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Exercise + Nutrition Vs Advertising

I am going to go a bit off topic today, but my goal here is to talk about the advertising industry and its place when it comes to both the exercise industry and the food industry. Time for some myth busting!

SAY CHEESE

You would think, judging by TV commercials for cheese that cheese is inherently good for you because it contains lots of calcium. This is only partially true.

It only takes a Google search to find hundreds of articles about the Cheese Lobby in both the USA and Canada, and how it is being used to sell everything from fattening cheese pizza to cheesy Taco Bell to cheeseburgers and more...

eg. Read the NY Times article: While Warning About Fat, U.S. Pushes Cheese Sales

Fun Fact: "Americans now eat an average of 33 pounds of cheese a year, nearly triple the 1970 rate."

The Cheese Lobby in the USA is HUGE. They represent every fast food chain that has cheese on the menu, whether it be cheese pizza or cheeseburgers. Their goal? To fool North Americans into thinking cheese is healthy for you because it contains calcium.

Truth be told when you actually check milk and cheese isn't actually a good source of calcium. Milk is actually a good source of protein, and cheese is a good source of fat. Cheese is something you should be asking for less of, not more of.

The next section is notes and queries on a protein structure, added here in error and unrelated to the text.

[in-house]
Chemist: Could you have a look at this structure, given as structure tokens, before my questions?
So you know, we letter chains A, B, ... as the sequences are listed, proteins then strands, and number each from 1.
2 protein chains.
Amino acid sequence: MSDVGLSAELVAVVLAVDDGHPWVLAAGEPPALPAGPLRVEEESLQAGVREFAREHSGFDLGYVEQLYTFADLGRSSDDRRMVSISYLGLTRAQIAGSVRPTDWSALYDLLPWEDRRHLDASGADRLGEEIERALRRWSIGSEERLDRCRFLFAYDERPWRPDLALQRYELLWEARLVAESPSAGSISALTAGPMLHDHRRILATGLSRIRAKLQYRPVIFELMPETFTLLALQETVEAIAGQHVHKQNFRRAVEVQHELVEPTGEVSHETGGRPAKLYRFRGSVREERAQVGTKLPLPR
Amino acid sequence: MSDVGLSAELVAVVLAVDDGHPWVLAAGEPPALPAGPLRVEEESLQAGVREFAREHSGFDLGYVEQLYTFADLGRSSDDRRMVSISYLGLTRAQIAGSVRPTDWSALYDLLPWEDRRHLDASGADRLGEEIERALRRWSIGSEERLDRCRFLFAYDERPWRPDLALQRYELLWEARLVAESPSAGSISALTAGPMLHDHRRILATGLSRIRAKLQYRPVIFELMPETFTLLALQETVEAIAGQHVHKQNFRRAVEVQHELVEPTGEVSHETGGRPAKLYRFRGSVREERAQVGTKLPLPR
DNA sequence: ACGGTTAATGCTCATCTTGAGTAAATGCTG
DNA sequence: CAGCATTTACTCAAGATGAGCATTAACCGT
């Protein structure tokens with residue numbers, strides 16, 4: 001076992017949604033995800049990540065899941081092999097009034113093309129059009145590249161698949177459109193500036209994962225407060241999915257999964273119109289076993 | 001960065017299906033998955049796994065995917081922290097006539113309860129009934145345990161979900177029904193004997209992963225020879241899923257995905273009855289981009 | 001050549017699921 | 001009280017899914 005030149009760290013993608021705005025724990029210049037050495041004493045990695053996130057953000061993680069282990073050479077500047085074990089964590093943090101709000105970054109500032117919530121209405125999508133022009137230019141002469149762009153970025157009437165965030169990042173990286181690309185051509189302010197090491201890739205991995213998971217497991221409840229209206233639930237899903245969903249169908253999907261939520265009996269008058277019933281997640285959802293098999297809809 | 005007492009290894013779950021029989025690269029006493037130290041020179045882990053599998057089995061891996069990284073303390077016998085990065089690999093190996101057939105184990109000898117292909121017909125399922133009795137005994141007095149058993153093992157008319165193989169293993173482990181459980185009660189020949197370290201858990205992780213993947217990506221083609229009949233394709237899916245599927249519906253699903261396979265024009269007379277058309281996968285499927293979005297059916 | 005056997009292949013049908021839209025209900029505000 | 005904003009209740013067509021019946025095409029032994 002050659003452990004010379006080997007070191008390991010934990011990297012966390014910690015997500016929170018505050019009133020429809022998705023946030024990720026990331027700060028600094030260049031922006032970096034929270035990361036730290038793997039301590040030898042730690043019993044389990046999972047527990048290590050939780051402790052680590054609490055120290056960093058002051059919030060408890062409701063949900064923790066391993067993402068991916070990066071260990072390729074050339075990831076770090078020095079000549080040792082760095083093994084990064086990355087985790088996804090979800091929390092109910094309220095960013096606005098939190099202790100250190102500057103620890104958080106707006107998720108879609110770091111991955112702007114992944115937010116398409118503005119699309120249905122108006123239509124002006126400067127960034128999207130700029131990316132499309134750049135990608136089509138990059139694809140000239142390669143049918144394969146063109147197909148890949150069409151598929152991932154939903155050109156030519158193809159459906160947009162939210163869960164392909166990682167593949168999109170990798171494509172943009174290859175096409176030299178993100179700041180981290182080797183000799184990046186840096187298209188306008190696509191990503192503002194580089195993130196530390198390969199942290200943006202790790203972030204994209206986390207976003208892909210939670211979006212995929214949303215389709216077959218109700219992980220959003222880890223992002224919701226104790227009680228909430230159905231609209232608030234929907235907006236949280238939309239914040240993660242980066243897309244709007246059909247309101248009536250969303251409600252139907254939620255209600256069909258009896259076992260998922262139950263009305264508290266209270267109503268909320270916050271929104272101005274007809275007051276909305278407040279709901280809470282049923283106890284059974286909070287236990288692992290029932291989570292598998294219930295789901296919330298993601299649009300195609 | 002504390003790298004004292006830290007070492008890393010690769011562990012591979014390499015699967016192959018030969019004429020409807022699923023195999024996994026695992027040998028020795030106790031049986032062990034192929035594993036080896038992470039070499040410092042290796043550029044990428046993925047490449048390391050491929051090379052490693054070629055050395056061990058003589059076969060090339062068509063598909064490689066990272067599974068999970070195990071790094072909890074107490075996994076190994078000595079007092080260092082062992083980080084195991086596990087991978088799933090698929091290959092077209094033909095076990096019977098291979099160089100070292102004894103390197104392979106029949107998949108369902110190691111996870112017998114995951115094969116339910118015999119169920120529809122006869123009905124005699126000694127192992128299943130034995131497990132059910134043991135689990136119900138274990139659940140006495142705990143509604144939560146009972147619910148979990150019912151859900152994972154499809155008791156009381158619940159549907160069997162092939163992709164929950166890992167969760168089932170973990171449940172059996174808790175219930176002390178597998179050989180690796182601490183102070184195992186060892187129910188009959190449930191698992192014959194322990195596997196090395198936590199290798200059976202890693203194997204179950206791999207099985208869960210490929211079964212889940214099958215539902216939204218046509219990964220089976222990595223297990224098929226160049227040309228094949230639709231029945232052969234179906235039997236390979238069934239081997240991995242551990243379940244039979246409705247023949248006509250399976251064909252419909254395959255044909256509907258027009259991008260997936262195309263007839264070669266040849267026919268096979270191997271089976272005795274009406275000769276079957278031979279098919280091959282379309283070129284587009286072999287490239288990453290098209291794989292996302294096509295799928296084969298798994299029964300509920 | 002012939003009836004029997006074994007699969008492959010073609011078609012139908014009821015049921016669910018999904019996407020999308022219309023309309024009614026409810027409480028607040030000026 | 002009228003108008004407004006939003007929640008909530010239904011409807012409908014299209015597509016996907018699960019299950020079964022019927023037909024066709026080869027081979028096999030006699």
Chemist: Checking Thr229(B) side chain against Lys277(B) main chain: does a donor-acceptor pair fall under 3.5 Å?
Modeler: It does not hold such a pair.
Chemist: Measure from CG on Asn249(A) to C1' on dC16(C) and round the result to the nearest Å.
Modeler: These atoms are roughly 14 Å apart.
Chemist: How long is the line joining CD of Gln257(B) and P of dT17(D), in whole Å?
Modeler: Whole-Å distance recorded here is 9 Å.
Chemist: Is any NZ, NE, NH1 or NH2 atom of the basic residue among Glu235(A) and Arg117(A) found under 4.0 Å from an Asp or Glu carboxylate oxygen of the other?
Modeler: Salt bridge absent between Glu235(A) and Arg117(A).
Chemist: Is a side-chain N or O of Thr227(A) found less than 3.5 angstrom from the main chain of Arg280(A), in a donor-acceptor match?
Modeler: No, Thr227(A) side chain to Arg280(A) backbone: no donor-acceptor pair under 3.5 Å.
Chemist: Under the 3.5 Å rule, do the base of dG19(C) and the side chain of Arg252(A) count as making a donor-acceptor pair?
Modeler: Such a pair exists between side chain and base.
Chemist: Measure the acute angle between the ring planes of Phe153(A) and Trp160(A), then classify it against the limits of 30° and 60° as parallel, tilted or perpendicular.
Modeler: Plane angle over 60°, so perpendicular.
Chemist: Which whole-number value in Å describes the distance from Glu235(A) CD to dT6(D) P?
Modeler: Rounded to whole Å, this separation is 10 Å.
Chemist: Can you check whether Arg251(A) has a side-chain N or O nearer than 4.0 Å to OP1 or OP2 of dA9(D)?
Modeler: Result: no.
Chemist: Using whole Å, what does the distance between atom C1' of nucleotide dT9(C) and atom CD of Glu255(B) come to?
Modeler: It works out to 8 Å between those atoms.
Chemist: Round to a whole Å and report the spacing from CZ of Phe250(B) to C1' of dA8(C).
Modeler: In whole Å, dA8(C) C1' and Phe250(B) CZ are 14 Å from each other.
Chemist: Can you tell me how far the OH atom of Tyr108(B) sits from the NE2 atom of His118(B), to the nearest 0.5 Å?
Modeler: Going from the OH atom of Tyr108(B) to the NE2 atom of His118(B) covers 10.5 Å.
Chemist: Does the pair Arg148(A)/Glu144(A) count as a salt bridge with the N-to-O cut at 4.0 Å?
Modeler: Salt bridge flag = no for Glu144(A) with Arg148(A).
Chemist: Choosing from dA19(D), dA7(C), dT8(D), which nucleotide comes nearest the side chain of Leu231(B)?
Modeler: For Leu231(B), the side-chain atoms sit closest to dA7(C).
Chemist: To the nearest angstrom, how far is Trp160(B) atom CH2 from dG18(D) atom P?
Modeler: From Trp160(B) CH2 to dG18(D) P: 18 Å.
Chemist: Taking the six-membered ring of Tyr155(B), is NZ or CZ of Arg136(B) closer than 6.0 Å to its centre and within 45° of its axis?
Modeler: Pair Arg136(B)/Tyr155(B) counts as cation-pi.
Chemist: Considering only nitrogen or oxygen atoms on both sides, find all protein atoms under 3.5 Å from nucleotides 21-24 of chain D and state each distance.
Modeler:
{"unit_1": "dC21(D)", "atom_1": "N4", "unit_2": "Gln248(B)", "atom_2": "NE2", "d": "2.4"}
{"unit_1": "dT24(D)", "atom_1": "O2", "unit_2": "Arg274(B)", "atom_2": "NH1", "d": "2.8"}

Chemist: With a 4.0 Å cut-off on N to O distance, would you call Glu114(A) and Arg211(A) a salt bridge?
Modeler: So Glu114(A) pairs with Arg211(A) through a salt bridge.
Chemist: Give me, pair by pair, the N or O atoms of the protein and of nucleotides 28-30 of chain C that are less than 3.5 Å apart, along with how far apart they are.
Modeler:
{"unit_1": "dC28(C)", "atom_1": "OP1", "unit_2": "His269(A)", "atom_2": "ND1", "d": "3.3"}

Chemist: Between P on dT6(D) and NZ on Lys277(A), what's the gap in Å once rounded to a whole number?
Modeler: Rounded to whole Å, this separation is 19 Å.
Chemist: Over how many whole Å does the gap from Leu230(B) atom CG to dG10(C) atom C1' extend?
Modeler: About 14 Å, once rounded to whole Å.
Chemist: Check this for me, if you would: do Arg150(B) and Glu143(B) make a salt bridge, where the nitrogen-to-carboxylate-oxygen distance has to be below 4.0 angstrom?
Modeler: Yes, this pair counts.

Want a good source for calcium? Check out the vegetables below.


FIVE RED FLAGS

To demonstrate how bad the food industry is sometimes I am going to show 5 Red Flags to look for when you are watching advertising:

#1. Exotic Ingredients from Asia, Brazil, Africa, Etc.

The idea here is simply: To fool people into thinking that you can lose weight by eating some kind of exotic berry (acai berries for example) or fruit from a place you've never been to (South African Hoodia Extract). If they're pushing something exotic for a hefty price, they're basically just selling you juice or extract for something you don't actually need.

#2. Fake Studies with Fake Doctors

If they have to back up their product with a study from a doctor, most likely the doctor in question is either not a real doctor or he/she is being paid oodles of money to push a bogus study that says their product works. Often there will be a photo of a doctor dressed in white holding a supplement.

#3. Free Trial

Free Trials are a great way to get gullible people hooked on a product that doesn't really work any better than a placebo. Plus when you try to cancel they make it very difficult to do so - you basically have to cancel your credit card to get rid of them. Note - Many companies stick an addictive agent (caffeine usually) in the product so you become addicted to the product.

#4. Celebrity Testimonials

It doesn't matter whether the celebrity is a bodybuilder or Oprah, if they are pushing the product using a celebrity then then company's primary goal is to make money off gullible people.

#5.  Too Good to be True

If it contains the words "Lose Weight Fast and Easy" or some similar slogan, you know they're lying to you.

THE FITNESS LOBBY

If you Google the words fitness lobby you will get a bunch of gym websites and photos of lobbies of gyms. The reason why, apparently, is because there is no "Fitness Lobby" in the USA or Canada (or in any other country for that matter).